There is a nasty trap of the devil I fall into much too often—it is the trap of believing that my life of faith is so much more about what I say and do rather than about what I think. I’m tempted to believe that if it’s sinful thoughts and not sinful actions, it’s not nearly as bad.
Jesus Christ makes it very clear in today’s Gospel: either you’re with Him or you’re not; there is no wishy-washy, lukewarm middle ground. As He stands before these people, Scripture also says, “He knew their thoughts . . .” (Luke 11:17) These two themes are intertwined very closely in my life.
One of the ways I am most often found to be against God is in my thoughts. I believe the lie that sinful thoughts are not as bad as sinful actions, and so I live that wishy-washy, middle ground. Today’s Gospel causes me to pause and reflect on the interconnectedness of these two in my life as I work toward being with God in all that I do. Do I think the best of people or the worst of people? Do I have more thoughts of charity towards others or thoughts of malice? Do I consistently fester in envy of the successes and blessings of other women? Do I dwell on worry or dwell in hope and trust? Lustful thoughts, prideful thoughts, angry thoughts . . . when we let these kinds of thoughts dominate our minds, we let the devil reign.
Satan loves when our thoughts are consumed by fear. He thrives when our thoughts are so obsessively self-absorbed with our own struggles, complaints, wants, and needs that we barely take a moment in a day to consider those of our neighbor. He rejoices when we tear other women down in our thinking, because when we let him dominate our thoughts, we are not with God at all.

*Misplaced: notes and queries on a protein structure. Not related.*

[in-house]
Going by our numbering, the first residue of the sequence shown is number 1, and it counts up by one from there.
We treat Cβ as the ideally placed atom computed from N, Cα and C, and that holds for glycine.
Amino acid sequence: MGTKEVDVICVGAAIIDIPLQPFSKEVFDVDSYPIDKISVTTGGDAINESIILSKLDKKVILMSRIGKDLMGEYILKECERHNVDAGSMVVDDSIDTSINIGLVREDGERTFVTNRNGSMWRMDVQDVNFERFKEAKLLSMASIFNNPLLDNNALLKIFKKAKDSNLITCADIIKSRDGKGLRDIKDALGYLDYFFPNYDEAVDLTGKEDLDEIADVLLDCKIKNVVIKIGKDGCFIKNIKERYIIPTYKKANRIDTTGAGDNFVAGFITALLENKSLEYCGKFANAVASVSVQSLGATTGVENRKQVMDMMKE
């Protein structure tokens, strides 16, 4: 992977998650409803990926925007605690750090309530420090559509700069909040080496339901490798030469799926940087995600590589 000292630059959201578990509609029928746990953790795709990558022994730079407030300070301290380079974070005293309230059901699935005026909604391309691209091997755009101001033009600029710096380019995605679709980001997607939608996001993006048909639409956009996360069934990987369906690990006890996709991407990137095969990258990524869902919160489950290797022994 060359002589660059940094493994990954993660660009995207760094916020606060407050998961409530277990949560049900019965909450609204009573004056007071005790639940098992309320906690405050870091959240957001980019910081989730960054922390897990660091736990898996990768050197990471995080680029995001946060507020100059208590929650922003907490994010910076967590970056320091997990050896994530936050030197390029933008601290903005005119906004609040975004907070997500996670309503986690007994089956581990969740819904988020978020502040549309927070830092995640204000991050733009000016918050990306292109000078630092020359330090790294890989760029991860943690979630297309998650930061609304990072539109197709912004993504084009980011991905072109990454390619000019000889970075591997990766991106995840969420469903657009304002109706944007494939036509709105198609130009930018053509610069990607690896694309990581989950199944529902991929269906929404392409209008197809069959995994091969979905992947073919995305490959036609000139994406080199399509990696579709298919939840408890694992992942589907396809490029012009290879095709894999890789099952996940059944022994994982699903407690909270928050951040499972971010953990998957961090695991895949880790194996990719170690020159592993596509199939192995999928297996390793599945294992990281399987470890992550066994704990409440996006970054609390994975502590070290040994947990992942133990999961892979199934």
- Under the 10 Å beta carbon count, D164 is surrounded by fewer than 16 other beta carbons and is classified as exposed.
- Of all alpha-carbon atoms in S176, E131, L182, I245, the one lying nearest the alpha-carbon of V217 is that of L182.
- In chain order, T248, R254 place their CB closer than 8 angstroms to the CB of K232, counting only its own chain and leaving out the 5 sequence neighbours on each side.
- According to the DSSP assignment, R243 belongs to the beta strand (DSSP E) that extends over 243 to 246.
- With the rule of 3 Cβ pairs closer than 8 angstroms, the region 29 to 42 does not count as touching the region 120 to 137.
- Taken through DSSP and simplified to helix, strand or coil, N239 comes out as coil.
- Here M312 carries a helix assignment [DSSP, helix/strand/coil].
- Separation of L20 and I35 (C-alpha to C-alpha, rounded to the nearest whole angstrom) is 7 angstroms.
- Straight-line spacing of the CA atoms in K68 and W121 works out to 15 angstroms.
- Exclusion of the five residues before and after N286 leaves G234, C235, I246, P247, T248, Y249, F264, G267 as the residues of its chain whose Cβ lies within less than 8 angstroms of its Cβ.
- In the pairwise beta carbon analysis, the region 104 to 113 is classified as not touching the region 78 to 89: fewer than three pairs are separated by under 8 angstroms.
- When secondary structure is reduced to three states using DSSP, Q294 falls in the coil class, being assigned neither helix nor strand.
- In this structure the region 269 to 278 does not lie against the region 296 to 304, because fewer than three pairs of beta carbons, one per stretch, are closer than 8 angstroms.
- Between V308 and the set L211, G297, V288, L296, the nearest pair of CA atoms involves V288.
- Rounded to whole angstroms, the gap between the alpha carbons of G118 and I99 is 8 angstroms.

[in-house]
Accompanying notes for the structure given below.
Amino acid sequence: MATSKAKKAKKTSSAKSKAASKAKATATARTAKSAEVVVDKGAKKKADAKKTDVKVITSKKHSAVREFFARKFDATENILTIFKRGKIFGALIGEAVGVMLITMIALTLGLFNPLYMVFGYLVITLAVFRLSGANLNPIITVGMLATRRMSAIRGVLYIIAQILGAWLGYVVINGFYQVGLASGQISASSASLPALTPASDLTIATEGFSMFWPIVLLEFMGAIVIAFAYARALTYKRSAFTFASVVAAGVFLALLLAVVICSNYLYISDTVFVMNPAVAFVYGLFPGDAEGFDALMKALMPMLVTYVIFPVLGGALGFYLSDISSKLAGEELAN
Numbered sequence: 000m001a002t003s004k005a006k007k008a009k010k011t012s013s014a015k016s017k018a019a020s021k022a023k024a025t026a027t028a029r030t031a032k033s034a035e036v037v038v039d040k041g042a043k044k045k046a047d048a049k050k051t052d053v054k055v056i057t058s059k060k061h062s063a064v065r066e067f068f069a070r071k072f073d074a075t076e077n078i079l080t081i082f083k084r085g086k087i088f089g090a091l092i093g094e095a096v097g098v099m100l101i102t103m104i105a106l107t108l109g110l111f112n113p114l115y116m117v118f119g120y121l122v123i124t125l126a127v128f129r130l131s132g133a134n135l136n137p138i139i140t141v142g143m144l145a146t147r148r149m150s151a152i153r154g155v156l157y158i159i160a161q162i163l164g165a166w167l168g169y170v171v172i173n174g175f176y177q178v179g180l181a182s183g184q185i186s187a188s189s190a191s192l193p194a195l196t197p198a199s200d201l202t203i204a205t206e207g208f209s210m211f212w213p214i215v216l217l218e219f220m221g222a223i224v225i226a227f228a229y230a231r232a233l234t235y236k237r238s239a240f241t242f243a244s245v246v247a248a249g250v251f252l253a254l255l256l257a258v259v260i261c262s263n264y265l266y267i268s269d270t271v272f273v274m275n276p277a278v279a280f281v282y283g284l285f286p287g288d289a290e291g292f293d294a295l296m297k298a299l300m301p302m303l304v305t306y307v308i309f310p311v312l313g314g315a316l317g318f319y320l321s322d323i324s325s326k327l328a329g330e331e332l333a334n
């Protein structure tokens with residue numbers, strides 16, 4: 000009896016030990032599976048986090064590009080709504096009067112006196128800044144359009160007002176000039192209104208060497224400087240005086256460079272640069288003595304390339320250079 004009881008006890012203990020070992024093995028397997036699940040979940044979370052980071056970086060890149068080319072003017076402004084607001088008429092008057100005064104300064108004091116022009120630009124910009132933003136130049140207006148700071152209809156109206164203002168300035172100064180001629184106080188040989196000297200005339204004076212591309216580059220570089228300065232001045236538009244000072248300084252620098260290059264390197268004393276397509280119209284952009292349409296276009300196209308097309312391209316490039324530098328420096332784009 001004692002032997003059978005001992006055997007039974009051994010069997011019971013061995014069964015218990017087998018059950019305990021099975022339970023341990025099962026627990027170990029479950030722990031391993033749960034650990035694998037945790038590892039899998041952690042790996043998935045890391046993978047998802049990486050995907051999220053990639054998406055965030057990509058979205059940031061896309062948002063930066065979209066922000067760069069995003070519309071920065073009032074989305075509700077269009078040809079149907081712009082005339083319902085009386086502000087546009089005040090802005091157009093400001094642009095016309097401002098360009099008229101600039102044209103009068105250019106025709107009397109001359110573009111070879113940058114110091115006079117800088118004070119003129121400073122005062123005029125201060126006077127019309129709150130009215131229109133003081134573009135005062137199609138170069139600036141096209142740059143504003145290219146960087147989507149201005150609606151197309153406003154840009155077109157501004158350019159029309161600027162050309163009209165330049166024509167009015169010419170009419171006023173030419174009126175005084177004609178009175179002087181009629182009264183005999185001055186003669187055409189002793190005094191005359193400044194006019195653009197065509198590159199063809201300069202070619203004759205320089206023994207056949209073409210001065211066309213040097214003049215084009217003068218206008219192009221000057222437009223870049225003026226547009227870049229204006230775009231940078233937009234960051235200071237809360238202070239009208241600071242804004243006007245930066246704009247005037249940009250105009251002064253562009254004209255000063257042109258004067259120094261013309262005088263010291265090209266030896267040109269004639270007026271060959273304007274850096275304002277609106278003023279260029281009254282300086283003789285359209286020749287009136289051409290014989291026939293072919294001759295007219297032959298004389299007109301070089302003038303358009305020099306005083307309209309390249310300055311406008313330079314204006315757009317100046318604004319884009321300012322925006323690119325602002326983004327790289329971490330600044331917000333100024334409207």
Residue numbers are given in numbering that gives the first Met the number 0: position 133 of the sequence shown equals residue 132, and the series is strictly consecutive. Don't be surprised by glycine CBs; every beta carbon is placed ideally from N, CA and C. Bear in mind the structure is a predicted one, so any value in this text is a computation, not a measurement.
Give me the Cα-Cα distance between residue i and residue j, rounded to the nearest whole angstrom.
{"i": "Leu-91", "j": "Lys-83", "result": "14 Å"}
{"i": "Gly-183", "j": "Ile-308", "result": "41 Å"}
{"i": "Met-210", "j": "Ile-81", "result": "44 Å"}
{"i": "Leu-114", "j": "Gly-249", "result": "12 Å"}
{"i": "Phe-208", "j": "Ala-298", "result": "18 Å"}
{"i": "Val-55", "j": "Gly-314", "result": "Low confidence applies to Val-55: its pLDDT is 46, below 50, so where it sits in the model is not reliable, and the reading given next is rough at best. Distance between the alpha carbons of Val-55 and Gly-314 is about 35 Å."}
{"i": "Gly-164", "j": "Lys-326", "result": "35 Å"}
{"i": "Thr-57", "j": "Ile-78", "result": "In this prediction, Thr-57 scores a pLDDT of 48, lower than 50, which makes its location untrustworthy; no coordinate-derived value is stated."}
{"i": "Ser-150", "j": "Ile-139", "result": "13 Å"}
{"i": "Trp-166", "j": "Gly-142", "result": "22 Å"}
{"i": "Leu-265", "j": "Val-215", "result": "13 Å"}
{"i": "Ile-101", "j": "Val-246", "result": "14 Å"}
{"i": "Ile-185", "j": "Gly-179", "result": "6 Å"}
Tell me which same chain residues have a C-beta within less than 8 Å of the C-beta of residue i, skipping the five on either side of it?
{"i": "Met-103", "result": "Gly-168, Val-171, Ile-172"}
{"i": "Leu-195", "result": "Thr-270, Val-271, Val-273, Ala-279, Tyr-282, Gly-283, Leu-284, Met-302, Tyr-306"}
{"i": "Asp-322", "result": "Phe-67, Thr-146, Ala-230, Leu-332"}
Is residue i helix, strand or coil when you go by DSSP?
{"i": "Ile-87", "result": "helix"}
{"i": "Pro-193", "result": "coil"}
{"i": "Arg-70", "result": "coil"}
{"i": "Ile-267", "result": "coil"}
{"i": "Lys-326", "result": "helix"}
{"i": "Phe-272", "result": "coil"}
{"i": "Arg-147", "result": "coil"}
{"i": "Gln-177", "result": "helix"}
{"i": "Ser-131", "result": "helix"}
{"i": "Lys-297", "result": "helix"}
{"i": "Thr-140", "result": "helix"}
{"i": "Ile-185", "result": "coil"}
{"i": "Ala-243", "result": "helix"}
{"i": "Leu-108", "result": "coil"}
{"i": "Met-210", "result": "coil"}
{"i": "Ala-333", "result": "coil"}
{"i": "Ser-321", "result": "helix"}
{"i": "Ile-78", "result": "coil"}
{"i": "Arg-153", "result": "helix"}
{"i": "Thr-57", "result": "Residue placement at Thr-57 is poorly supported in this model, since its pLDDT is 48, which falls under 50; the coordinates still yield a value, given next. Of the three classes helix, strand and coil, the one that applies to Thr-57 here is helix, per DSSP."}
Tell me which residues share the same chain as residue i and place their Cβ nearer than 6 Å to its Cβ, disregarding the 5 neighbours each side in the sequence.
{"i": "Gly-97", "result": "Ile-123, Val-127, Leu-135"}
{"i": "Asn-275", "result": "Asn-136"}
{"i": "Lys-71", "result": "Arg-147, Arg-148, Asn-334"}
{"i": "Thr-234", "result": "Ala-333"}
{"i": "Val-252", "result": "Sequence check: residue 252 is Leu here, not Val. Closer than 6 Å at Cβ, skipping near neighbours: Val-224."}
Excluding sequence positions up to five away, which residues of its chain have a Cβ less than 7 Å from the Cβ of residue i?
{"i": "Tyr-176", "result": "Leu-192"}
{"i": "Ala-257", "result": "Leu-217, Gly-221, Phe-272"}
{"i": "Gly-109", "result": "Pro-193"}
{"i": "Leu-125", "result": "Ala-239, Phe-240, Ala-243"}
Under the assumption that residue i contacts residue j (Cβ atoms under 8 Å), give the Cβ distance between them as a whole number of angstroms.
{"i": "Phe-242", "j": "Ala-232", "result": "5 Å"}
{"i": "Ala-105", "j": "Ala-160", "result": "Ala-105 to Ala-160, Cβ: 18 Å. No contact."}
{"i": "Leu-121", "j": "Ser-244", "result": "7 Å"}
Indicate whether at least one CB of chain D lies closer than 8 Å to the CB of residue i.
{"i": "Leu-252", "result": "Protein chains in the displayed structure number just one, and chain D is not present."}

God stands before us, just as He did with those in the Gospel, and He knows every thought of charity, of peace, of kindness. He knows every thought of jealousy, of contempt, and of judgment. If I want to be with God, I must learn to take control of my thoughts—to stop immediately when my thoughts turn sinful. When I feel these thoughts creeping in on me, I stop my thoughts and allow God to reign with that one simple prayer:
Jesus, I trust in you.
[Tweet “Do I dwell on worry or dwell in hope and trust? // @emwilss”]
If we wish to be with Christ, we must be with Him completely—in our every action, our every word, and in our every thought.
Emily Wilson-Hussem planned her whole life to become a sports reporter but turned out to be a Catholic musician and speaker at the hand of God. She lives out of her suitcase and travels across the world speaking to people of all ages. The heart of her ministry is offering encouragement to teen girls in search of their true identity, and she loves ever second of it. She is the author of I Choose the Sky. You can find out more about her here.